I then shooed him out the way and poured the molten fat and water mix into a well in the dry mix and stirred it quickly to form quite a firm dough.  Harvey helped, but found the dough too firm for him to stir, and then too hot for him to work with his hands.  Since I have asbestos hands, however, I was able to work the dough rather better and was therefore able to add the extra water it needed, which took it up to the total of 230ml.

I then separated it into two lumps – one third and two thirds – and then separated these into four balls each, since we were going to be making pies using some nice little foil dishes I’d picked up rather than the muffin tins Lorraine Pascale suggests.

The next bit was great fun as it involved squidging the pastry into place in the dishes and up the sides to create the body of the case.  This is a perfect job for a 4 year old.  We then popped in the filling – the one bit we had been able to make earlier! – which was coarsely minced pork loin steaks (480g pack) and pancetta (75g) with a little salt, pepper and nutmeg.  This, it turns out, is another job that mummies should leave to their children.  Finally, we used our last four balls of pastry to squash out lids to put on the pies, pinching them onto the cases where they met at the edges.  Harvey did admit this bit was a little more tricky, but he gave it a good go.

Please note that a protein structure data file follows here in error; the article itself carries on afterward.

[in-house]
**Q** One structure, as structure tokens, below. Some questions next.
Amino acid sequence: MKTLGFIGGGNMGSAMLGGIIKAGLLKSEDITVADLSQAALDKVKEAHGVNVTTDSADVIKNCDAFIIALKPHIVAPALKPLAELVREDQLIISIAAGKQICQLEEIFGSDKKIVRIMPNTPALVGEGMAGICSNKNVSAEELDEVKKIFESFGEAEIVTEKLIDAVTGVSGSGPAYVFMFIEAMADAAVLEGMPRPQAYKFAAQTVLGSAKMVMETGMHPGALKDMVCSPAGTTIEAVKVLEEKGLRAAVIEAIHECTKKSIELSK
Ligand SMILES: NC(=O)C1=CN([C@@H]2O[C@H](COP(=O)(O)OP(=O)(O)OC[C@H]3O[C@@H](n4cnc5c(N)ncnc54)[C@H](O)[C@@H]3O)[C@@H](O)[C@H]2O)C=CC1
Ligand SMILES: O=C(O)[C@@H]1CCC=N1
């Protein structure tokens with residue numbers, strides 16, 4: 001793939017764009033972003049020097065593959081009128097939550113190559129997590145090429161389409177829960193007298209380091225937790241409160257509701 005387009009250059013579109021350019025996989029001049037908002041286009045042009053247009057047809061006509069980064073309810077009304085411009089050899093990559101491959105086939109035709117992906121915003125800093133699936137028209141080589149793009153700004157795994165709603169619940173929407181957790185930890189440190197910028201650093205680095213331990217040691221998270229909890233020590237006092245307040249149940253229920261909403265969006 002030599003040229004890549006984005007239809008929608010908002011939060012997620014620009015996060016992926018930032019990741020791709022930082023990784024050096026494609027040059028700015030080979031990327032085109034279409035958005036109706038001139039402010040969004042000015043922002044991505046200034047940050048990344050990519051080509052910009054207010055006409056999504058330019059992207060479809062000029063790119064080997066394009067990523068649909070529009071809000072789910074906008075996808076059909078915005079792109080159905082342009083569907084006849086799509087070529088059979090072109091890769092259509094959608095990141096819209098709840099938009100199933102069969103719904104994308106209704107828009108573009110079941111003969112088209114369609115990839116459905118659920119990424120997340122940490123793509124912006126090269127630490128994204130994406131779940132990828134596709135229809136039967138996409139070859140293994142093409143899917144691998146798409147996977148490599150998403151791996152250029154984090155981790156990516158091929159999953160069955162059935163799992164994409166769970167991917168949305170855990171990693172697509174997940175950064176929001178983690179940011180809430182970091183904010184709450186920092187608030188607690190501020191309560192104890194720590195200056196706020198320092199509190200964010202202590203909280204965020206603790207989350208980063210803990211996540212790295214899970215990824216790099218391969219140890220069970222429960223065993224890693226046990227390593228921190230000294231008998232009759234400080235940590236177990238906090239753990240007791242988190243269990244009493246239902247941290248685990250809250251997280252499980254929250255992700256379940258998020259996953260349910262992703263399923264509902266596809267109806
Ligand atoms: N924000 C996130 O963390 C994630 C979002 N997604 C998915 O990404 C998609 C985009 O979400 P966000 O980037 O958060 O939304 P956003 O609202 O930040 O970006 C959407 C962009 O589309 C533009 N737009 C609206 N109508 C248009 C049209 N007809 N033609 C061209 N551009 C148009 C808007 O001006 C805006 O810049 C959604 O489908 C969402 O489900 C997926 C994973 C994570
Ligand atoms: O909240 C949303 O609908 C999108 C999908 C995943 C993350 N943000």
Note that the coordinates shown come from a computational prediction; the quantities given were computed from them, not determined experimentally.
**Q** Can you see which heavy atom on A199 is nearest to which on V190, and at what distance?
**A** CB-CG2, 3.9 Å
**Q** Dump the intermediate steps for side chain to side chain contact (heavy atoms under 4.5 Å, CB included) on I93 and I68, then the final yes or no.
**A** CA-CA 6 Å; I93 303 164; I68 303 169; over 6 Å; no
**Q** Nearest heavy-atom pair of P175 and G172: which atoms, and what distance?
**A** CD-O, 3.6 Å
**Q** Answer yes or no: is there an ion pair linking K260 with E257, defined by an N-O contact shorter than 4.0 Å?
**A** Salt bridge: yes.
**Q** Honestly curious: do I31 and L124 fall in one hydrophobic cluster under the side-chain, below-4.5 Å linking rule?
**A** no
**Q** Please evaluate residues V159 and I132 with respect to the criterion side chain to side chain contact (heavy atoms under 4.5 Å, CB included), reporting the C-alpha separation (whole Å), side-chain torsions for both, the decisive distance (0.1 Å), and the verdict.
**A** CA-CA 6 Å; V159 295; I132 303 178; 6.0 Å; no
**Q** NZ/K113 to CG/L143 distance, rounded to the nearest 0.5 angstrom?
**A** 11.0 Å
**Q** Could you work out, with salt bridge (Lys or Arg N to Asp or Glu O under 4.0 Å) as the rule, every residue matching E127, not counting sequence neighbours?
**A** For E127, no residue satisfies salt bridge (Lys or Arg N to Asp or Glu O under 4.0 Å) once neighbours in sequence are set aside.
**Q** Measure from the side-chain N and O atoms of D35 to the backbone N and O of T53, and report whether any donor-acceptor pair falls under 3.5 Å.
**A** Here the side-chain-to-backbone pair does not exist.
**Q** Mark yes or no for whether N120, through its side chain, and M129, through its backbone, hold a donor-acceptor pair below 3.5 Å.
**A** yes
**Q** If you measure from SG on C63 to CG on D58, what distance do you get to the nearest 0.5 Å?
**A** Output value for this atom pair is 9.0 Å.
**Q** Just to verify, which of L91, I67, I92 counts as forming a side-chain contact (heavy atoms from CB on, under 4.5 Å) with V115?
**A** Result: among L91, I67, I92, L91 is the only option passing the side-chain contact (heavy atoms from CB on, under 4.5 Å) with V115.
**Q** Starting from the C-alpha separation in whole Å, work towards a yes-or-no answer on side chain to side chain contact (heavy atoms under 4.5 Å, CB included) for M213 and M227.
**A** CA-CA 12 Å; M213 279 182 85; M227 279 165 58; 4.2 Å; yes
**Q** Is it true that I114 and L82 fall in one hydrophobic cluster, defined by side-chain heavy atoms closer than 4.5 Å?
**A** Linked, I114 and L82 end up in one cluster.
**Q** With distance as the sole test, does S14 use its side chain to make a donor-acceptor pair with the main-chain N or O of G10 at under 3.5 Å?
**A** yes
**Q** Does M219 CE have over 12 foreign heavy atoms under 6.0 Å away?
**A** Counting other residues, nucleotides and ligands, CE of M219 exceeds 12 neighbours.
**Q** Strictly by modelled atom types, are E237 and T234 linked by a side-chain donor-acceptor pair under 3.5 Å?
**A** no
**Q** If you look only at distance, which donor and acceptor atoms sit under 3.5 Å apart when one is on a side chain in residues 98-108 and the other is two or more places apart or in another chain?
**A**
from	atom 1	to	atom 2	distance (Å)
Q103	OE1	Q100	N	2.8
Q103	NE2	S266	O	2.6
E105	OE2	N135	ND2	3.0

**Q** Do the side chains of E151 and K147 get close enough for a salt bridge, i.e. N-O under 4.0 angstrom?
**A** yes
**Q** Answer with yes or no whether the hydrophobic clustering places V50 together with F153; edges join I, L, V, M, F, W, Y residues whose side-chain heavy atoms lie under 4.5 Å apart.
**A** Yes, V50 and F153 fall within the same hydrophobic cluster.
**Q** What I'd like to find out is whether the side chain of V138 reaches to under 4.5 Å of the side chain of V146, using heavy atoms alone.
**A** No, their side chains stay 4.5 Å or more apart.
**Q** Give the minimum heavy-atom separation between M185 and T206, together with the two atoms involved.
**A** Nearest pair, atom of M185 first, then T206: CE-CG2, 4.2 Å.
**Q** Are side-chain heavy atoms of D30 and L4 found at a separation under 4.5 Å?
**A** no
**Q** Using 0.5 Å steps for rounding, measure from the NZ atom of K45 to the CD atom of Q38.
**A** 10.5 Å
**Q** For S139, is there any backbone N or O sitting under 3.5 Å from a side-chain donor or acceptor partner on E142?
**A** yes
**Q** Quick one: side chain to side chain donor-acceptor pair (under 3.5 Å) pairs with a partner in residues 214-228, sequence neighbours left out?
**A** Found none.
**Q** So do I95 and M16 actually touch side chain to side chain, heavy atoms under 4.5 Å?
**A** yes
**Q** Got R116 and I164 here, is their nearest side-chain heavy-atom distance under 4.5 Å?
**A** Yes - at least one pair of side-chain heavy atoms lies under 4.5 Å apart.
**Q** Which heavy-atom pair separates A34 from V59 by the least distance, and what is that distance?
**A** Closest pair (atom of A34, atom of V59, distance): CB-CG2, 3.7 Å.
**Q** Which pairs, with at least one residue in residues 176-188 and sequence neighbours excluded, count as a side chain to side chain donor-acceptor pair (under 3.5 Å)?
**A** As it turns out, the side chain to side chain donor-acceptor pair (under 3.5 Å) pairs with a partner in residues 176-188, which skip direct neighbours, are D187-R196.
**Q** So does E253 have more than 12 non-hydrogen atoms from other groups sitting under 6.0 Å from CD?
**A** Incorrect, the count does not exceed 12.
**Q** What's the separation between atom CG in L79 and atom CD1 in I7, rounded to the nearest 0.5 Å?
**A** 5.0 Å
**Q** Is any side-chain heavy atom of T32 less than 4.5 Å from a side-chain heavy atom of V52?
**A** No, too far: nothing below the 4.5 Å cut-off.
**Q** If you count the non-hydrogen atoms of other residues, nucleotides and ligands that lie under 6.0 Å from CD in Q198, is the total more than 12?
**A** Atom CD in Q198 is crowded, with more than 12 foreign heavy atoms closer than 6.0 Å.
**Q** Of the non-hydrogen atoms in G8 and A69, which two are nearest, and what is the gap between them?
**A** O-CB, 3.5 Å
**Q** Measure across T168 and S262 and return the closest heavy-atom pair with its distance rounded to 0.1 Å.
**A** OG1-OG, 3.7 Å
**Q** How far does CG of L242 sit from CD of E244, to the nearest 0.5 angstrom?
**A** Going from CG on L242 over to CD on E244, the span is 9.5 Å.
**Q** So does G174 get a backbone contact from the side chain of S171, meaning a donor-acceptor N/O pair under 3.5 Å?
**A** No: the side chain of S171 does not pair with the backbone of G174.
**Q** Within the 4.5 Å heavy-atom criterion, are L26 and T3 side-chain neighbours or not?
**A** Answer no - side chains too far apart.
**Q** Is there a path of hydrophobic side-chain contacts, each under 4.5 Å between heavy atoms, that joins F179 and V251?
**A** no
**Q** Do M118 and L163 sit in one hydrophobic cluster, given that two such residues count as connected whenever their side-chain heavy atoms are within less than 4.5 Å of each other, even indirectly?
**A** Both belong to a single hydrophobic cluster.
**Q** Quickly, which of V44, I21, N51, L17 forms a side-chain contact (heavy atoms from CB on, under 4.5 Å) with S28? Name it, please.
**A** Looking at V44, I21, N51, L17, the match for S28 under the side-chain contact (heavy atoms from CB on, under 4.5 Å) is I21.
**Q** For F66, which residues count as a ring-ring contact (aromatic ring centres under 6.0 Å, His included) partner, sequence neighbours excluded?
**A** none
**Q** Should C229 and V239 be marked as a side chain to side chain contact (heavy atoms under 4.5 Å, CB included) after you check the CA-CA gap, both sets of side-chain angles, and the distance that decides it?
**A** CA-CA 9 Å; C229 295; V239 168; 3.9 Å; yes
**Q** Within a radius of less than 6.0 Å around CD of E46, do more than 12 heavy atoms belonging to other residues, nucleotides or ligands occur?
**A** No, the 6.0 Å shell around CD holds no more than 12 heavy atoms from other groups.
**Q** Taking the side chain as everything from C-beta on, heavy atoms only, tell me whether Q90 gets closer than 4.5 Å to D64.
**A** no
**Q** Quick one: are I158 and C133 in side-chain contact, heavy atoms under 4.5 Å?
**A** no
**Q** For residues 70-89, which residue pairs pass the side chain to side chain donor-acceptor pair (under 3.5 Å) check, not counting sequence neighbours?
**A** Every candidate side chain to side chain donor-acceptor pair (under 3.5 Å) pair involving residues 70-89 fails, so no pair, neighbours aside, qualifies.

Gluten-free pork pies ready for the oven

H marks the spot - Harvey makes sure we know which pie is his

And so we had pies.  We slit the tops to let the steam out, and then popped them in the oven at 200C.  While the recipe says 30-35 minutes, our pies were going to be bigger, so we took them out after about 50 minutes.

The first thing I noticed was that the whole tray was swimming in fat.  The pastry had pulled in from the foil cases and you could see fat between the two.  Were it not for the crisp, golden pastry in front of me, the whole thing would have looked very unappealing.  On the other hand, I wasn’t too sorry to know we’d be losing some of the fat from the recipe before eating the finished product, so I mopped up the fat on the tray with kitchen towels (NEVER pour this down the sink, please!) and, when the pies were cool enough to handle, popped them out onto some more kitchen towels so they wouldn’t either reabsorb more fat as they cooled, or just end up coated in a layer of white fat: bleeeurgh.